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Most history museums don’t specifically cover economic topics, but financial systems have always been an important part of society. The Bank of England Museum in London details the 300+ year history of England’s central bank & its role in the country’s economy & trade.
Unsurprisingly, the Bank of England Museum is located near Bank station. It’s also near several hop-on, hop-off bus routes. Entry is free. Note that you’ll have to pass through security to enter the building, but it’s easier than any airport.
The Bank of England Museum (official website) starts off by telling the history of the bank itself, which was founded in 1694. The site of the bank has evolved over the centuries, with several periods of reconstruction and renovations.
This first room is a reconstruction of the 18th-century Stock Office, complete with a domed ceiling.
In addition to telling the history of the Bank of England, complete with original charter documents, it also has kid-friendly interactive exhibits.
The rest of the permanent exhibits of the Bank of England Museum detail the broader history of England’s economy & banking system. One section is the banknote gallery, which shows the evolution of British currency over the years.
This includes also printing plates & techniques, detailing the materials used.
With currency, there’s always counterfeiting.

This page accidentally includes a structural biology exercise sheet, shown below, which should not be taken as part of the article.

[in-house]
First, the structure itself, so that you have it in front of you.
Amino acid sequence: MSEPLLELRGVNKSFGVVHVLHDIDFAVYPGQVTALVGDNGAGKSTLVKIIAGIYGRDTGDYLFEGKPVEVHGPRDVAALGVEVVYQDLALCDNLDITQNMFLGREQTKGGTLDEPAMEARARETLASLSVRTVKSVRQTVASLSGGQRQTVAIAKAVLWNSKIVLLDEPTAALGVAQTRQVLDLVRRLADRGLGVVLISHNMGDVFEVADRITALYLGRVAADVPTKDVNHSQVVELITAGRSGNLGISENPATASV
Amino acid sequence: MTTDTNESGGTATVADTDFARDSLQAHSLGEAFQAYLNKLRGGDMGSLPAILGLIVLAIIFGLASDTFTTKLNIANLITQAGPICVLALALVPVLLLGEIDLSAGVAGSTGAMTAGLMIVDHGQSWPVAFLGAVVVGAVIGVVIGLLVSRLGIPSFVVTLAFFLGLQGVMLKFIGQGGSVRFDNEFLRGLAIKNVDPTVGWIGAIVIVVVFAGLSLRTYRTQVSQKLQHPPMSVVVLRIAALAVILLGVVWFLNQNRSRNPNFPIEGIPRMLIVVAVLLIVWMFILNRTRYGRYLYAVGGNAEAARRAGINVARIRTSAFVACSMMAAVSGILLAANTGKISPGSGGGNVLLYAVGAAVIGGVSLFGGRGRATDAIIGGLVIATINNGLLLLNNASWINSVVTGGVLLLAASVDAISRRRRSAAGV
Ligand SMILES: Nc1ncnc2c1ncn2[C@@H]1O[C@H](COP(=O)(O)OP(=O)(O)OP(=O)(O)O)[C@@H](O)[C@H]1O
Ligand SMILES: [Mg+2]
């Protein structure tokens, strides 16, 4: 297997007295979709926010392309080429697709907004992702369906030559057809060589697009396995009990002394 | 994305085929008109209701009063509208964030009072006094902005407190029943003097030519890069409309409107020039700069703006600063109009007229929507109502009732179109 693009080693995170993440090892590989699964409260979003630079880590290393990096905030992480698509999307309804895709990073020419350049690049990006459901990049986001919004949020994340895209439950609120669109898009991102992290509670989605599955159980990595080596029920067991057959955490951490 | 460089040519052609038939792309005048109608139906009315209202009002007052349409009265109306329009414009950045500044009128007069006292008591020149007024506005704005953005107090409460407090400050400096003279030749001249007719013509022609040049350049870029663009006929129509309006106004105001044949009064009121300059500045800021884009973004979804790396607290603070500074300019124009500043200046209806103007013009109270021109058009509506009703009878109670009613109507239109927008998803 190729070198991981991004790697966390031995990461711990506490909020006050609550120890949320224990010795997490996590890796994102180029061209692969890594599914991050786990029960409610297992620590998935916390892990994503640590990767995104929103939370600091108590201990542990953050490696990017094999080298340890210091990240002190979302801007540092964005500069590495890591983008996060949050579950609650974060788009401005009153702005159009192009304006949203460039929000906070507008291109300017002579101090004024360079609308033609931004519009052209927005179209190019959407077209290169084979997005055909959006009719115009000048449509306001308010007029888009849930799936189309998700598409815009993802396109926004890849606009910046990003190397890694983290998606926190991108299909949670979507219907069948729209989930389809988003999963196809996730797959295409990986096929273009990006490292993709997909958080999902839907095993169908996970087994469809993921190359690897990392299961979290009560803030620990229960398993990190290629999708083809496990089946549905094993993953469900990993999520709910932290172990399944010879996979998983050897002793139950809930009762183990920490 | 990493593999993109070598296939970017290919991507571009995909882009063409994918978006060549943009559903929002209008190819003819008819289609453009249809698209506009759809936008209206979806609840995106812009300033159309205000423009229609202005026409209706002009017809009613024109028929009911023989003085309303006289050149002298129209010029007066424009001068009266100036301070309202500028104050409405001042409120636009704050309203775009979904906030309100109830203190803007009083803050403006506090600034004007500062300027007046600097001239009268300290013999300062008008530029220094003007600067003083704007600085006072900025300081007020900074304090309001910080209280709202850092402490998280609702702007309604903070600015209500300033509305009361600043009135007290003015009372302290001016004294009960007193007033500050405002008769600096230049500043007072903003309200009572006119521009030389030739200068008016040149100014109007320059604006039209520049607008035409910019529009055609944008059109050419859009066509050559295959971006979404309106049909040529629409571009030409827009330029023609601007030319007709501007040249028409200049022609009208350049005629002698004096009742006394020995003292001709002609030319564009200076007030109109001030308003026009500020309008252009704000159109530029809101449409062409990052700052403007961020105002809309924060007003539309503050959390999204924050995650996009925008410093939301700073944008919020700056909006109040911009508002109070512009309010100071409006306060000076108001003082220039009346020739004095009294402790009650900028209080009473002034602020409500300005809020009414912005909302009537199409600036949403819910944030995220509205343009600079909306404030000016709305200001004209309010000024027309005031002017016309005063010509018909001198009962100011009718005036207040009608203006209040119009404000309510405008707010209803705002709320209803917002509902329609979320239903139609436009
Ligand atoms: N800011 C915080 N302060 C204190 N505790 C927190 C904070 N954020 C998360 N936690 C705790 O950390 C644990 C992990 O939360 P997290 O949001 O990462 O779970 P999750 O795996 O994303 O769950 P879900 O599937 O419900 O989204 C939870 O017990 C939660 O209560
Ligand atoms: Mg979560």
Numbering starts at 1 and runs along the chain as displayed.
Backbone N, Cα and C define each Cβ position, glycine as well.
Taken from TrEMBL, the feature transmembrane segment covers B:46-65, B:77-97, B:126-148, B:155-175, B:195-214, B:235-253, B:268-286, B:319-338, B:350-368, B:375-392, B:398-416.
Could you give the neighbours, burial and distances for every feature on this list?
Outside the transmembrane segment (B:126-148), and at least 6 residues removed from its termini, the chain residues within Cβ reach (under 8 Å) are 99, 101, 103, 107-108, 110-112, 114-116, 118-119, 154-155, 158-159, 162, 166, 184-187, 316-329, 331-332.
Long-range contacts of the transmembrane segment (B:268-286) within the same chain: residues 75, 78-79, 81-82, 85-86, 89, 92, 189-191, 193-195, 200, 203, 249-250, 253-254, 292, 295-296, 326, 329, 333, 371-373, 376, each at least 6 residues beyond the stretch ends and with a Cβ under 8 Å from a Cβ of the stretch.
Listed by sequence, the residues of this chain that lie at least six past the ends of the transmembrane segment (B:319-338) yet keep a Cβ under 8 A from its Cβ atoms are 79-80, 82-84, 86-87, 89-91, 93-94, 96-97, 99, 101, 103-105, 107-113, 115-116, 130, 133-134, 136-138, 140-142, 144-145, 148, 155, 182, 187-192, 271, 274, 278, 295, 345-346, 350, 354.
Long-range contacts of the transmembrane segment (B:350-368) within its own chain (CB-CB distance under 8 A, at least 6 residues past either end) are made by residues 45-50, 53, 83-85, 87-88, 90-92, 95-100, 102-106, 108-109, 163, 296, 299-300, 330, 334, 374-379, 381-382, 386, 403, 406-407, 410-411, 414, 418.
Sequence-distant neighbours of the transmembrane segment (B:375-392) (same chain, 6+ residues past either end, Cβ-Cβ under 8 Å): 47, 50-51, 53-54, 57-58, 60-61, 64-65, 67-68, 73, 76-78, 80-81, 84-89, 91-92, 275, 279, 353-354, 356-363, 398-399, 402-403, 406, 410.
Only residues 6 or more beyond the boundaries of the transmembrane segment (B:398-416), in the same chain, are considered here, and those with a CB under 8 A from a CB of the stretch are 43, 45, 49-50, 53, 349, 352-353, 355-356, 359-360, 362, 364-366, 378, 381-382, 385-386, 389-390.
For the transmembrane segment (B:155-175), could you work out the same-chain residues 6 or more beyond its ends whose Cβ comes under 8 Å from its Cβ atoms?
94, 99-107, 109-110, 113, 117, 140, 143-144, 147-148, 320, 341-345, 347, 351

The financial museum also has a gold bar that you can touch. Unless it’s counterfeit.
For me, the highlight of the Bank of England Museum was a special exhibition in the Rotunda that I hope becomes permanent. This exhibit was titled “Slavery & the Bank”.
This section of the museum detailed how the Bank was responsible for funding the transatlantic slave trade, including associated businesses that profited from it, whether they were in textiles, shipbuilding, or other industries. They even owned plantations.
While acknowledging this horrific past is only the first step toward properly atoning for what the Bank of England was responsible for, it’s good to see that they are at least starting to recognize their role. The permanent exhibits are also being updated to incorporate this information.
The last section of the Bank of England Museum covers the modern bank & economics. While economic topics can get dry when they get in-depth, there are several easy-to-understand presentations that teach visitors an introduction to finance & what the modern bank does. Basic economic literacy is important, and it’s something that’s not always taught in schools.
Finally, there is also a gift shop that sells proofs, coins, and other gifts.
London‘s Bank of England Museum provides a different look into the country’s history, but one that runs throughout everything else. For more nearby history, visit the London Mithraeum & the London Amphitheater.
If you’re looking for a place to stay in London, check out these London hotels.